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Universal Basic Income Explained

Presidential candidate Andrew Yang’s campaign has made implementing a Universal Basic Income (UBI) a consistent theme. He plans to pay every American citizen, regardless of socioeconomic status, $1000 a month. However, his plan raises questions about the viability of UBI, including how it will be financed, in addition to concerns of lost productivity.

There are roughly two hundred million American citizens over the age of 18 that UBI needs to cover, which equates to extracting an additional three trillion dollars from our economy to pay for UBI. Although this might seem unfeasible, UBI can actually grow the economy by $2.5 trillion. The remainder can be covered by increasing taxes, shifting government spending to pay for UBI, and adding a value added tax. However, still UBI faces controversy. Many people worry that it could lead to a decrease in economic output if people spend their money on drugs and alcohol instead of improving their condition. However, studies of people who were given Universal Basic Income appear to show the opposite; for instance, according to an article by Forbes Magazine, Alaska currently has a form of universal basic income where money from oil reserves is distributed among Alaskan citizens unconditionally. While there was no effect on employment, part-time jobs increased by seventeen percent. In addition, stress levels decreased and mental health improved when basic income was introduced.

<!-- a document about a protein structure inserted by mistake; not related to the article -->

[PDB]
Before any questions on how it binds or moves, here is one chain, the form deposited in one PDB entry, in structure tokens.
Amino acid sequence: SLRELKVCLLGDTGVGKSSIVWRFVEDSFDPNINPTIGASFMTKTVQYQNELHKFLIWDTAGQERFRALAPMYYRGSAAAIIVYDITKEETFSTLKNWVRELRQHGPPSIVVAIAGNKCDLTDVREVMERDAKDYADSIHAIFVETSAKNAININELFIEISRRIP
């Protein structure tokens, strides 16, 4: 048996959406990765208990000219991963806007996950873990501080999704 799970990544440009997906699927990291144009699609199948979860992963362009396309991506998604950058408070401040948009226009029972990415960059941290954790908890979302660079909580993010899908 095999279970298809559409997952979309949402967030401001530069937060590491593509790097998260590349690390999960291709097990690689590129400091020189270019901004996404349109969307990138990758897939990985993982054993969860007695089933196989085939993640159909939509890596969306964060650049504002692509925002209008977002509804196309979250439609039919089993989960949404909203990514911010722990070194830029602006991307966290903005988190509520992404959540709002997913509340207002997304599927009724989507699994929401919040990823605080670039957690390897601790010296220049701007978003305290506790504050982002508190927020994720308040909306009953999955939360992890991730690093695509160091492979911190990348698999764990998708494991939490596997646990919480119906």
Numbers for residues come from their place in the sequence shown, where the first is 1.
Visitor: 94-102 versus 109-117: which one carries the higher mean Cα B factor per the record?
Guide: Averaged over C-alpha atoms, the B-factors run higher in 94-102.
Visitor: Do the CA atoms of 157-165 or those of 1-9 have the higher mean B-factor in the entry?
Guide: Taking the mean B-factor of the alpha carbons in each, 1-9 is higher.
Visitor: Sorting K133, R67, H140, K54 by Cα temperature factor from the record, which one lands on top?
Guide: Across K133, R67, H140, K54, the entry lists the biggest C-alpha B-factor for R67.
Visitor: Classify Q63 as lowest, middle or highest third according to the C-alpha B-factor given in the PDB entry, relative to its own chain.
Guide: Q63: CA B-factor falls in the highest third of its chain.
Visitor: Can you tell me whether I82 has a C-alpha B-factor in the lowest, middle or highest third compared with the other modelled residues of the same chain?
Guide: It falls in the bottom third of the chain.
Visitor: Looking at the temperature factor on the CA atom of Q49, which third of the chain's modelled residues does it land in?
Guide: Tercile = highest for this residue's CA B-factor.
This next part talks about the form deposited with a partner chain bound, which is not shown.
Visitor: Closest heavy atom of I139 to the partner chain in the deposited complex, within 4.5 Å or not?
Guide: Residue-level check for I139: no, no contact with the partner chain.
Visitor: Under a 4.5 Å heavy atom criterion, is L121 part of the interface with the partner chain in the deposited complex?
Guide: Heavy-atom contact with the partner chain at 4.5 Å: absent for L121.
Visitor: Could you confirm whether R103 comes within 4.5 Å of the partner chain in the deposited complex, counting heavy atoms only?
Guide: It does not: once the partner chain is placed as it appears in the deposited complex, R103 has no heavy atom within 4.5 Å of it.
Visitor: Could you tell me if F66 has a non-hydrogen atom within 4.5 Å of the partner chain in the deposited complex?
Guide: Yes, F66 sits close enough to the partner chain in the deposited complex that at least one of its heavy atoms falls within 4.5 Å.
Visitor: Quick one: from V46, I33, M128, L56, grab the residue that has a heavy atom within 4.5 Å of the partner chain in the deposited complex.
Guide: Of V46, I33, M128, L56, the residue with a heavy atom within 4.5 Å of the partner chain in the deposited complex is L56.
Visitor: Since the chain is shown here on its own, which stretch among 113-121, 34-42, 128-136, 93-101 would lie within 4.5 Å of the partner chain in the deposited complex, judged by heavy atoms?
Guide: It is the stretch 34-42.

UBI has been shown to increase consumer spending, which in turn boosts economic growth. Test runs for Universal Basic Income appear to be successful. Rarely anybody abuses their basic income, very few people quit their jobs, and consumer spending rises. However, Universal Basic Income is still stigmatized by many who claim that people would misuse their money, despite evidence to the contrary. Despite current public opinion, a thousand dollar check might appear in every American citizen’s pocket in the not so distant future.

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